Use Full Name (instead of individual First & Last)

  • 42% of users in a test began by entering their entire name in the first name field
  • Also reduces the number of fields
video recording of someone typing in their full name into first name

Provide show password option

  • Not being able to see what you type is a huge issue
  • Reduces login failures
Password masked verses option to show password example

Don’t slice data fields into multiple form fields

  • Example: Phone number should one form field and not three form fields

Show inline error and help the user fix the issue

Examples of no inline error verses inline error that helps the user fix the issue

Provide inline validation in real-time and give feedback immediately

  • 22% increase in success rate
  • 22% decrease in errors made
  • 31% increase in satisfaction rating
  • 42% decrease in completion times
  • 47% decrease in the number of eye fixations

Checkout specific:

“Address Line 2” + “Company Name” collapse behind a link

Visual example of Address 2 and Company Name behind a link

Mind local differences

  • Field labels, placeholders, and masks
  • Example: Zip code can be Postal code in Europe
examples of local differences, zip code changes to postal code

Mobile specific:

Provide matching keyboard for mobile

  • Phone number & credit cards should be the input type=”tel” which displays the numeric 0-9 keypad
  • “Number” = numbers & symbols
  • “Email” = keyboard, @, & .com
  • “Text” = keyboard
  • “Date” = date selector
  • “Datetime” = date & time selector
  • “Month” = month & year selector
example of mobile number keyboard for phone number

Avoid dropdown menus

  • Dropdown requires two taps and hides options
  • Button groups are good alternatives
example of changing a dropdown to button group

Use slider when asking for a specific range

  • Instead of using two separate fields, sliders allow to specify range with on interaction
  • Example: price range, distance range
example of replacing separate fields with a slider

Biometric authorization

  • 82% of people can’t remember their passwords

Camera to grab card data

  • Provide an option to take a photo or a card & it fills out details automatically
  • Examples: credit cards, driver’s license, membership cards
  • Allow for edits on the fields

Here’s an example form that could use some improvement.

Take a look to see what can be improved.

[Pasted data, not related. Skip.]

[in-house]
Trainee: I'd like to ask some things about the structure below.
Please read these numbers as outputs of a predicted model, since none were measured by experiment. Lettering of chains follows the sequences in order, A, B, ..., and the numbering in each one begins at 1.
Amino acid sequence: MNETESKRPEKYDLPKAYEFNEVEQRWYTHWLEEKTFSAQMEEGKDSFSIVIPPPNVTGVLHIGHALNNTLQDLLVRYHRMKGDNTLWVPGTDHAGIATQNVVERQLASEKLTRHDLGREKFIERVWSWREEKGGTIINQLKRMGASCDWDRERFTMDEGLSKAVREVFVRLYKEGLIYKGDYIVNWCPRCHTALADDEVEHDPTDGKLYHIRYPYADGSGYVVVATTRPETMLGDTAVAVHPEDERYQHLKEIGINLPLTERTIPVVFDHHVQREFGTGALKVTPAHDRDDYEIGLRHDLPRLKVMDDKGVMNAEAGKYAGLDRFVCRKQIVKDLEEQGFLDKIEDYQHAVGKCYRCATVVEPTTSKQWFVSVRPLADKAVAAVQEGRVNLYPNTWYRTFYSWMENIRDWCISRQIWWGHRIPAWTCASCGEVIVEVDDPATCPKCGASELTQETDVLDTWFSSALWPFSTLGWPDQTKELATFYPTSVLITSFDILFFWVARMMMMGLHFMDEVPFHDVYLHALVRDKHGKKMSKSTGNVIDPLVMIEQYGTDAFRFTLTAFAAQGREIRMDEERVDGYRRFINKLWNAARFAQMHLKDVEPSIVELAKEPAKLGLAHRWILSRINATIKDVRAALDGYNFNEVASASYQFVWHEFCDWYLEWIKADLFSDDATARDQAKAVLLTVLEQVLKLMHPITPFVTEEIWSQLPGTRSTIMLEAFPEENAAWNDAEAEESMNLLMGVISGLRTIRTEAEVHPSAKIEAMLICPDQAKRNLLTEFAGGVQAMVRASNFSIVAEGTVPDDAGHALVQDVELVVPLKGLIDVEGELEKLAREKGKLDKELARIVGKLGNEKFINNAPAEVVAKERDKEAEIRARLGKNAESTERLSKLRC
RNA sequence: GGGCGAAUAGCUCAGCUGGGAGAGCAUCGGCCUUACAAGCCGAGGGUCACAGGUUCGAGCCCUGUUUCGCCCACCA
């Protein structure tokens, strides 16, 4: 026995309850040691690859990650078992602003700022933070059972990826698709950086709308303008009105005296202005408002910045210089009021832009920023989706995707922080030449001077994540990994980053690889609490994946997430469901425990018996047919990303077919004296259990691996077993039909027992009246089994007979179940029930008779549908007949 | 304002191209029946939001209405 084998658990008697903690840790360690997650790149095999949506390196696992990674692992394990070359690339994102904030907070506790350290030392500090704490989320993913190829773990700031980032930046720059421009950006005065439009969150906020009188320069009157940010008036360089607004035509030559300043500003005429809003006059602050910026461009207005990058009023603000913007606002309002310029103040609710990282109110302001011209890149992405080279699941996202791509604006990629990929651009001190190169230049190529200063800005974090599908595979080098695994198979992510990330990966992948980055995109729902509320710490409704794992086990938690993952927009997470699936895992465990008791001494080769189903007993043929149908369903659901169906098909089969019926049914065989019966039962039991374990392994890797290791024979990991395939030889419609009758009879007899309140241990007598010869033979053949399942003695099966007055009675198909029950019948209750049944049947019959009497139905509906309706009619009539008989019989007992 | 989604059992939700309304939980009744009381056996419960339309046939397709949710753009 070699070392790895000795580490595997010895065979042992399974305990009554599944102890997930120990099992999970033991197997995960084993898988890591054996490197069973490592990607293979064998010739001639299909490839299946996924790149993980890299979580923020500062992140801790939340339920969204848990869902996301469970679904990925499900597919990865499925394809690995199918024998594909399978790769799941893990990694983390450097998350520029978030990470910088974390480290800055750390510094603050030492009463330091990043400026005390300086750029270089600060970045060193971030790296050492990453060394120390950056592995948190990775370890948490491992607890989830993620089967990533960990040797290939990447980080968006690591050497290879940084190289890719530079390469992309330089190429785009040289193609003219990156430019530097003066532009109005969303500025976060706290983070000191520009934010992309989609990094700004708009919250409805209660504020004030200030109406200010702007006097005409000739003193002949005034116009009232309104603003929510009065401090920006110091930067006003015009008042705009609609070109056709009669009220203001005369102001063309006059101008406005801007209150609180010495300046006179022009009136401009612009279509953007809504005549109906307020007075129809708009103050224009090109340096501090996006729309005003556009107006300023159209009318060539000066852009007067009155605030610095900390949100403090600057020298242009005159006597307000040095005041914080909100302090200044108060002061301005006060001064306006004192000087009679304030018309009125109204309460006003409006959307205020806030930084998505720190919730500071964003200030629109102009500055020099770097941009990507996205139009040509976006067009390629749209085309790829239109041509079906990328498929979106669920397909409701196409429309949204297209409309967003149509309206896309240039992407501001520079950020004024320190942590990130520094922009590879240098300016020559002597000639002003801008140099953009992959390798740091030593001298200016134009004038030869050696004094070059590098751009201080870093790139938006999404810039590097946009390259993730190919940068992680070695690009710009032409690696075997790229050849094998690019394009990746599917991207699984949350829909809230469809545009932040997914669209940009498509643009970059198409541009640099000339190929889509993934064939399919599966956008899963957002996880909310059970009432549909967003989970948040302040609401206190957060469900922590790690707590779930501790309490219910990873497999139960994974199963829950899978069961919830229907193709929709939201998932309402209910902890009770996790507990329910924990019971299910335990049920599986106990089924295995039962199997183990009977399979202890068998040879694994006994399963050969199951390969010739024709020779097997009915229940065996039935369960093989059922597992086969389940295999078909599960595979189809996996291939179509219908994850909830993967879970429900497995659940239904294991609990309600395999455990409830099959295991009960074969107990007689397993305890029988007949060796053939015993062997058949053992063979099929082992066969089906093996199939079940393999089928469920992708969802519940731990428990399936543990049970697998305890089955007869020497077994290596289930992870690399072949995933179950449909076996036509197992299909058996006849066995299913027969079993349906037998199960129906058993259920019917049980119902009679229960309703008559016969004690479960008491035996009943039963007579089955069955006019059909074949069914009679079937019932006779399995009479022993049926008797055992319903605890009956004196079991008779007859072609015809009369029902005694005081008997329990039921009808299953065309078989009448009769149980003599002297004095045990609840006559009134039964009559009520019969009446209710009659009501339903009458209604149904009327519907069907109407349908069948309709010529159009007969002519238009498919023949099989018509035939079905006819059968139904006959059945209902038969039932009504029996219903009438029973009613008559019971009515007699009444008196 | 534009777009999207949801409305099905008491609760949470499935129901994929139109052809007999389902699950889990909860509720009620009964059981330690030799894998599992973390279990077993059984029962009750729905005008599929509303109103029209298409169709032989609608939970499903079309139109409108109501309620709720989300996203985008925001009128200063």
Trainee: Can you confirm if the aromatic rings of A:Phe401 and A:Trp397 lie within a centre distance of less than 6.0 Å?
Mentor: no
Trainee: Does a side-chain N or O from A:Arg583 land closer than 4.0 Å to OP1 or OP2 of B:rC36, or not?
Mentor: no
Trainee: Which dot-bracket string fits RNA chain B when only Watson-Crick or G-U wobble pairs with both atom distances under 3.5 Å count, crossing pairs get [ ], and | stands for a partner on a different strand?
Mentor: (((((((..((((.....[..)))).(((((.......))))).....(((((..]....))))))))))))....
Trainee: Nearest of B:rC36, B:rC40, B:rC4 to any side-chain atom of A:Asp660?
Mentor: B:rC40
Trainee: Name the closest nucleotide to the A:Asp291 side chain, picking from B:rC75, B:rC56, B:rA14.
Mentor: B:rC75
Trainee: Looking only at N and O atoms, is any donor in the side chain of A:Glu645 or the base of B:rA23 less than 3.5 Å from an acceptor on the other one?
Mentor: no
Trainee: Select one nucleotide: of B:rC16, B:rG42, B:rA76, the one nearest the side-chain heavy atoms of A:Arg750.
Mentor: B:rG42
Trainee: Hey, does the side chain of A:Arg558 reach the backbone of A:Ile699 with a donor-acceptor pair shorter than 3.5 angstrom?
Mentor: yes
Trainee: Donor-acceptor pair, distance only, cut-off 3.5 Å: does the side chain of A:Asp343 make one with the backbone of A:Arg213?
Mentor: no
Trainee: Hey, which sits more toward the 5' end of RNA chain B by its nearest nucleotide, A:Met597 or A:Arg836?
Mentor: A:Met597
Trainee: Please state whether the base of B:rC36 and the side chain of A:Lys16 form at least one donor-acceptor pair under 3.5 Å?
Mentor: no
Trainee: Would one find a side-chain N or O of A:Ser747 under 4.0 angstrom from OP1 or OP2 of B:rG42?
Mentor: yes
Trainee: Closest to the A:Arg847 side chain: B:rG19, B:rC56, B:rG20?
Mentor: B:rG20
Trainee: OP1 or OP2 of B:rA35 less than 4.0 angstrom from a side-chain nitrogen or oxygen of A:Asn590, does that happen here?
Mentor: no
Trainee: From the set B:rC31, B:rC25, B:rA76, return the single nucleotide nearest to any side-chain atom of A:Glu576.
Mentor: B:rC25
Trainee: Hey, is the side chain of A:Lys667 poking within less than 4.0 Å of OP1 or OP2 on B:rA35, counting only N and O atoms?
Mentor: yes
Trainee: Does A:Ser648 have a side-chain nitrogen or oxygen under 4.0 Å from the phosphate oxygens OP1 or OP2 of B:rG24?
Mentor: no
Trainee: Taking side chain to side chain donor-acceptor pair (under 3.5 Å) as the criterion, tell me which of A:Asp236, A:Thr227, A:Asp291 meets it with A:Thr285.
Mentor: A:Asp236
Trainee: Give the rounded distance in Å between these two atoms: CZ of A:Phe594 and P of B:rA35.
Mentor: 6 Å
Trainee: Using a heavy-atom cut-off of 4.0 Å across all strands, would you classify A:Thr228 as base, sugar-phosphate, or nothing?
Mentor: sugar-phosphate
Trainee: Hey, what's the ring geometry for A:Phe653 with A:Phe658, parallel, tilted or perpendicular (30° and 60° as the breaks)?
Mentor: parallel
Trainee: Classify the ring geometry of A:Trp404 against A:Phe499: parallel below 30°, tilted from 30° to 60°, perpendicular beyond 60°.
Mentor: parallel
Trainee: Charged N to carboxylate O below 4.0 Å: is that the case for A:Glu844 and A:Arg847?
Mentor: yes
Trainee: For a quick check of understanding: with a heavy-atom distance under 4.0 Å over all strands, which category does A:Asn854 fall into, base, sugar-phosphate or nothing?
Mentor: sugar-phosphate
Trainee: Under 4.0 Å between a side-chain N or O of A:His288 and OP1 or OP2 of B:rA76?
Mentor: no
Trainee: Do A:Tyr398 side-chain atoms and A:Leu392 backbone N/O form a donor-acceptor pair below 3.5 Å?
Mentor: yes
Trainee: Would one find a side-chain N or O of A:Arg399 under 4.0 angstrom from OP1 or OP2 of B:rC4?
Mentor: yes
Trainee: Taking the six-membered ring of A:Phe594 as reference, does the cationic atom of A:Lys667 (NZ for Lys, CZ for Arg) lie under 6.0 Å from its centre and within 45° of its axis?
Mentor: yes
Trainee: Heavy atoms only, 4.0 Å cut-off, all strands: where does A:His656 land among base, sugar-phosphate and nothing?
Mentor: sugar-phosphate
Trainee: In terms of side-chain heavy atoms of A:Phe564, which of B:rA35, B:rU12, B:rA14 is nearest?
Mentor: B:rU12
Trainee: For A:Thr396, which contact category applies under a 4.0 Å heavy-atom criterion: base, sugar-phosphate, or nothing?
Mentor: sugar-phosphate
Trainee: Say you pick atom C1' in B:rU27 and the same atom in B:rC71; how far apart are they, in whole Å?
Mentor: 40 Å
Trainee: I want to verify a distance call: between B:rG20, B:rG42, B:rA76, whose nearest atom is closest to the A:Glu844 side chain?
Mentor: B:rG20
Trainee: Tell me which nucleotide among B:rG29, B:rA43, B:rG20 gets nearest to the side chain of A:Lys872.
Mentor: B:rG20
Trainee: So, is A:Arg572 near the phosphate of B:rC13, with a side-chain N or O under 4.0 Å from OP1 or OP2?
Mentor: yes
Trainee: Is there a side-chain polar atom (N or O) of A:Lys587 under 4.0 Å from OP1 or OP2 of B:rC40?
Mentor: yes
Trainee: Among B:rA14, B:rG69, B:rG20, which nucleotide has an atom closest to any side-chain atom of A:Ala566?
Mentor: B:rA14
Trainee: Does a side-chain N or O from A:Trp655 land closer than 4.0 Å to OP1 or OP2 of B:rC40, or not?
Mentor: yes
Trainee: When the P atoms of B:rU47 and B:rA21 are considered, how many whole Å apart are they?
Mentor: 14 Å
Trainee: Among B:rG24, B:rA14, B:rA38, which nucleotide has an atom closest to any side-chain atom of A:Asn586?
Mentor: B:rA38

After making all those edits, the form is much shorter and quicker to fill out:

This will increase the number of conversions and reduce abandonment from the businesses’ objectives. Also, it is easier to use and accessible, which will therefore leave a good impression and create a positive experience. It decreases cognitive load and interaction cost on the user, boosts completion time, and is mobile friendly which completes the usability objectives.

Condensed Form Usability Guidelines Checklist:

For the best business and usability results, use this checklist when creating your next form.

General:

  • Keep it short and ask as least as possible

Layout & Design:

  • Scannable layout and use single column when possible
  • Group related fields, ask easy questions first
  • Keep accessibility & color blind contrast in mind
  • Make long form look simpler
  • Provide success state

Labels:

  • Mark optional fields only
  • Always display labels of fields at all times
  • Write clear labels and avoid using ALL CAPS
  • Top align labels
  • Explain why when asking for sensitive data

Buttons:

  • One main CTA & explains next step
  • Enable only when form is filled out
  • Disable button after tap/click

Inputs:

  • Pre-fill, auto-detect, and autocomplete where possible
  • Use autofocus
  • Input constraints for each field
  • Size fields accordingly
  • Use masks to hint at content
  • Use Full Name (instead of individual First & Last)
  • Provide show password option
  • Don’t slice data fields
  • Don’t ask for users to repeat their email address
  • Inline error and help user fix it
  • inline validation real-time feedback immediately

Checkout specific:

  • “Address Line 2” + “Company Name” collapse behind a link
  • Mind local differences

Mobile specific:

  • Provide matching keyboard for mobile
  • Avoid dropdown menus
  • Use slider when asking for a specific range
  • Biometric authorization
  • Camera to grab card data

Sources and further reading:

smashingmagazine.com/2018/08/best-practices-for-mobile-form-design/

nngroup.com/articles/errors-forms-design-guidelines/

nngroup.com/articles/web-form-design/

uxplanet.org/the-18-must-do-principles-in-the-form-design-fe89d0127c92

baymard.com/blog/checkout-flow-average-form-fields

baymard.com/blog/input-masking-form-field

uxdesign.cc/designing-for-accessibility-is-not-that-hard-c04cc4779d94